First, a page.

Trusts are a well-established way to protect and control assets, read our guide here.
In simple terms, a trust is a legal arrangement set up for the management of financial assets on someone’s behalf; the assets are held “in trust” for the beneficiaries, with the assets in the control of the trustees you have nominated (this can be taken care of as professional service, which may be offered by a subsidiary of your wealth manager).
You might use a trust as part of inheritance planning. For example, you may establish a trust to manage a portion of your estate for younger family members, giving them the benefit of a regular income before the assets pass on fully when they reach a certain age. Alternatively, trusts can manage the assets of someone who has become incapacitated. They might also be used for tax mitigation purposes since trusts may offer several tax efficiencies for high net worth individuals.
How it works
Virtually any asset can be held in trust; typically they contain shares, bonds, property, cash, land or collectibles/antiques. When setting up a trust, your solicitor will write up a trust deed which outlines your wishes: who the beneficiaries should be, how the assets should be held and distributed, and any other conditions you stipulate. Your wealth planner can advise you on how best to set up a trust for your purposes.
Types of trust
There are several types of trust and deciding which one is appropriate is largely dependent on how you want the capital and income to be transferred:
- In a bare trust, the beneficiary is entitled to all capital and income once the conditions have been met (for example, the beneficiary turns 18).
- In an interest in possession trust, the beneficiary receives income from the trust (e.g. dividends from shares or rental income from property) as it arises but the capital is held back for a later date.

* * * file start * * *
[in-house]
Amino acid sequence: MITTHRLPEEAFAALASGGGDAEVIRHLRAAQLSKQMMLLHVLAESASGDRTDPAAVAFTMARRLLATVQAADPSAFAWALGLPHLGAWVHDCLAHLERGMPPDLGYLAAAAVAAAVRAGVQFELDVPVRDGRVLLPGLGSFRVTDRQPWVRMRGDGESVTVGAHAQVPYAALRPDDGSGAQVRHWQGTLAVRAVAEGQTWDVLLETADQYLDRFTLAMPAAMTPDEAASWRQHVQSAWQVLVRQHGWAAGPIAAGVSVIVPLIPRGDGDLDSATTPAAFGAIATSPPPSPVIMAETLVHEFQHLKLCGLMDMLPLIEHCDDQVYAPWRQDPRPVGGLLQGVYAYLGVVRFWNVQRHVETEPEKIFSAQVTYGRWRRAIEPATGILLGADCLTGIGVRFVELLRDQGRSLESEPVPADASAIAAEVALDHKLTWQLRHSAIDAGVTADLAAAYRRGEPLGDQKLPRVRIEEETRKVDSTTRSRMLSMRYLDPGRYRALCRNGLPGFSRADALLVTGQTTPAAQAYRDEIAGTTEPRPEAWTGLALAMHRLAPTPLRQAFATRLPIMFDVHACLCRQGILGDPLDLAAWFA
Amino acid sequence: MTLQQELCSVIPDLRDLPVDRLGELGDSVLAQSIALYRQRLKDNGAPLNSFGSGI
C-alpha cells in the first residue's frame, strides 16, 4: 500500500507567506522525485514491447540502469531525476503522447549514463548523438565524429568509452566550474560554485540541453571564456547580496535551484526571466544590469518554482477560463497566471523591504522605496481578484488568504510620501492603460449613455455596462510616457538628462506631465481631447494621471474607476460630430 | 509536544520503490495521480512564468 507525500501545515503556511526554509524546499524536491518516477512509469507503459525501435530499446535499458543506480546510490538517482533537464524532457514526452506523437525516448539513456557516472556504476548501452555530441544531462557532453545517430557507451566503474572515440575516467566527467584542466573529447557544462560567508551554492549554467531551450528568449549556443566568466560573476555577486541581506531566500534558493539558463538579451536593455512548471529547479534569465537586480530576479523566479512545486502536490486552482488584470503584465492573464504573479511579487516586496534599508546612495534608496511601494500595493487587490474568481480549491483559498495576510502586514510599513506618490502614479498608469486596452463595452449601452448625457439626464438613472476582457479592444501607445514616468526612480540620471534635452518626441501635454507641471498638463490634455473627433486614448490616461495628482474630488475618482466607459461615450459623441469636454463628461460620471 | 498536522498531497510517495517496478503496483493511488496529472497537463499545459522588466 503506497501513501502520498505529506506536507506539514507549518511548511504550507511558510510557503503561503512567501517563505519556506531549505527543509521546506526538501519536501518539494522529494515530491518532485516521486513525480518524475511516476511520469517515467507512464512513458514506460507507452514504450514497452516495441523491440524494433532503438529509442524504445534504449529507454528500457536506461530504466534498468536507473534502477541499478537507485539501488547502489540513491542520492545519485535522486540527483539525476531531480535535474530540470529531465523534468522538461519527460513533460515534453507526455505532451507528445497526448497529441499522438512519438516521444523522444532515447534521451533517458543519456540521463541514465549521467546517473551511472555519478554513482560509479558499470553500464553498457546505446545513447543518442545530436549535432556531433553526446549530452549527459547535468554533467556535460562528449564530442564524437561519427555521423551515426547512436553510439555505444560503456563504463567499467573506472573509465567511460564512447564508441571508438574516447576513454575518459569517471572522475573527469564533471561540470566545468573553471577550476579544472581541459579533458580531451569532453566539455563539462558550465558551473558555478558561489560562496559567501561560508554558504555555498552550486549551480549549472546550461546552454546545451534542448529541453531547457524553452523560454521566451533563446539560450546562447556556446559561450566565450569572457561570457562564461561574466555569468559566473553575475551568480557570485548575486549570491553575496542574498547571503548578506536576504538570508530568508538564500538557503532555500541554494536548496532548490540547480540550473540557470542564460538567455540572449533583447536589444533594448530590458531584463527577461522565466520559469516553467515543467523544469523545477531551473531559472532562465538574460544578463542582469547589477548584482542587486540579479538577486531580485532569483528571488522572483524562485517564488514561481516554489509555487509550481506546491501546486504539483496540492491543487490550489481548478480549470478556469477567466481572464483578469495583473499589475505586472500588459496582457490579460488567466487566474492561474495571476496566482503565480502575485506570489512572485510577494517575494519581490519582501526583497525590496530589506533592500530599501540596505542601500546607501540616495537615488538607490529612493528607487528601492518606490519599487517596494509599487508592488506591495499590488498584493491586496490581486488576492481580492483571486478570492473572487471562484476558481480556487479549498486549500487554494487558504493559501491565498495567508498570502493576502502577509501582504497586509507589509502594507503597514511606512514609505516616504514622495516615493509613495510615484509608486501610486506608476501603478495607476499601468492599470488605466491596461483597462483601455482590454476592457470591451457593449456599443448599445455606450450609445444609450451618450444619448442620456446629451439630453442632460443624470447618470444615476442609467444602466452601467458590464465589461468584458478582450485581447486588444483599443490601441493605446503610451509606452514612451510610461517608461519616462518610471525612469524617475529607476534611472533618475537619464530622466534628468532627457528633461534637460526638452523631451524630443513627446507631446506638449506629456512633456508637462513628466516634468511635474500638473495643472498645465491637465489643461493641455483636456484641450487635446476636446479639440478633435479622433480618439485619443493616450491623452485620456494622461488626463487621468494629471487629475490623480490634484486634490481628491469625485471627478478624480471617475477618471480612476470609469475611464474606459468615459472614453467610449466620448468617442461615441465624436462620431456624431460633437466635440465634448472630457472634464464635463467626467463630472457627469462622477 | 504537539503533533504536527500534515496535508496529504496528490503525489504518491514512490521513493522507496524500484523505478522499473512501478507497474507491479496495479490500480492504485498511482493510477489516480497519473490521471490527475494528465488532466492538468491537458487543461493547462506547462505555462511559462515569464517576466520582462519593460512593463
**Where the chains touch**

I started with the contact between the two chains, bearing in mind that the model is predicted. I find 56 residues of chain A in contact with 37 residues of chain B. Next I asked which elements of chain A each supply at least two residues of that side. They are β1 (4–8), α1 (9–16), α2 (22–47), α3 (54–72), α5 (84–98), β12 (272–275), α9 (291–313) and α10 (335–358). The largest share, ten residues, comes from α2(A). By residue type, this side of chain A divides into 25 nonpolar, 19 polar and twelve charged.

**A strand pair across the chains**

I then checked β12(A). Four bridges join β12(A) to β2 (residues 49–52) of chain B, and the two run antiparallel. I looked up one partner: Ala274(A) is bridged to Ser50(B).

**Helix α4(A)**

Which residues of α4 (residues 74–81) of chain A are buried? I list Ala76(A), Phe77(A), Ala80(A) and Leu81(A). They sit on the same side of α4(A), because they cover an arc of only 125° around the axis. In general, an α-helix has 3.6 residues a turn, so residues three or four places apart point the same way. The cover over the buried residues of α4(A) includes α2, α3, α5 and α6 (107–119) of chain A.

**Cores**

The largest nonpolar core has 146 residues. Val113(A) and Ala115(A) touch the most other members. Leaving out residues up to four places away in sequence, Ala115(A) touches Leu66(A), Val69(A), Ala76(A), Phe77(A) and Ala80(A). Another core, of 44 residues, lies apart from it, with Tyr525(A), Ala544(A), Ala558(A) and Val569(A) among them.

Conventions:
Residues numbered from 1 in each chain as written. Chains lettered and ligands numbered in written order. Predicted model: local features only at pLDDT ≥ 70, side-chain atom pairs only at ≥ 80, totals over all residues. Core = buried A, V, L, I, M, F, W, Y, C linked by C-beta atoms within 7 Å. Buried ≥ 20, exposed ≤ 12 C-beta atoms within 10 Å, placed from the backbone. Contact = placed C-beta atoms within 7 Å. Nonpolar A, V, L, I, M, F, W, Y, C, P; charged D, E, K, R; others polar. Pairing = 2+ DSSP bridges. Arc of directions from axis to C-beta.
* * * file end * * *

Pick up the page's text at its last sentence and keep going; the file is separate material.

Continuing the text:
- In a discretionary trust, trustees can decide how to assign the income (and sometimes also the capital).
You must choose at least one trustee, who could be a lawyer, relative or friend. Often, there cannot be more than two trustees. Once capital has passed into a trust, the trustees are responsible for deciding how to invest or use it, and for paying any applicable taxes.
Tax mitigation and financial planning
Trusts are subject to income, capital gains and inheritance tax. The income tax payable can range from 10-50% depending on the type of trust and level of income the trust generates.
Capital Gains Tax is paid at different points in the process for different trust types, typically at the standard rate of 28%. In addition, inheritance tax can apply to a trust even if the settlor (the person giving the assets over to the trust) is still alive. Your wealth planner can help you to optimise your trust to give your beneficiaries the greatest benefit.
Trusts can be a useful means of mitigating inheritance tax, which is currently levied at 40% on assets over £325,000 in the UK. The assets which you place into a trust no longer belong to you by definition. Therefore, they can fall outside of your estate when you die. However, the seven-year gifting rule applies: you must live on for seven years after having set up the trust or IHT may still come into play (although this will only be on the original amount invested and not any growth arising from it; there are also special tax reliefs when someone dies three years after making a gift but less than seven).
Trusts are also very useful when combined with bonds, since the bond can be set up in such a way that various beneficiaries own different parts of it and so can receive proceeds in the most tax-efficient way for them. Clearly, this is where the expertise of a wealth structuring specialist is essential.
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Trusts are another area where investment management and legal services intersect. You must ensure that your trust has been optimised in terms of structure and set-up correctly if it is to do what you intend it to. Your wealth manager will be able to outline all your options in light of your entire financial situation.
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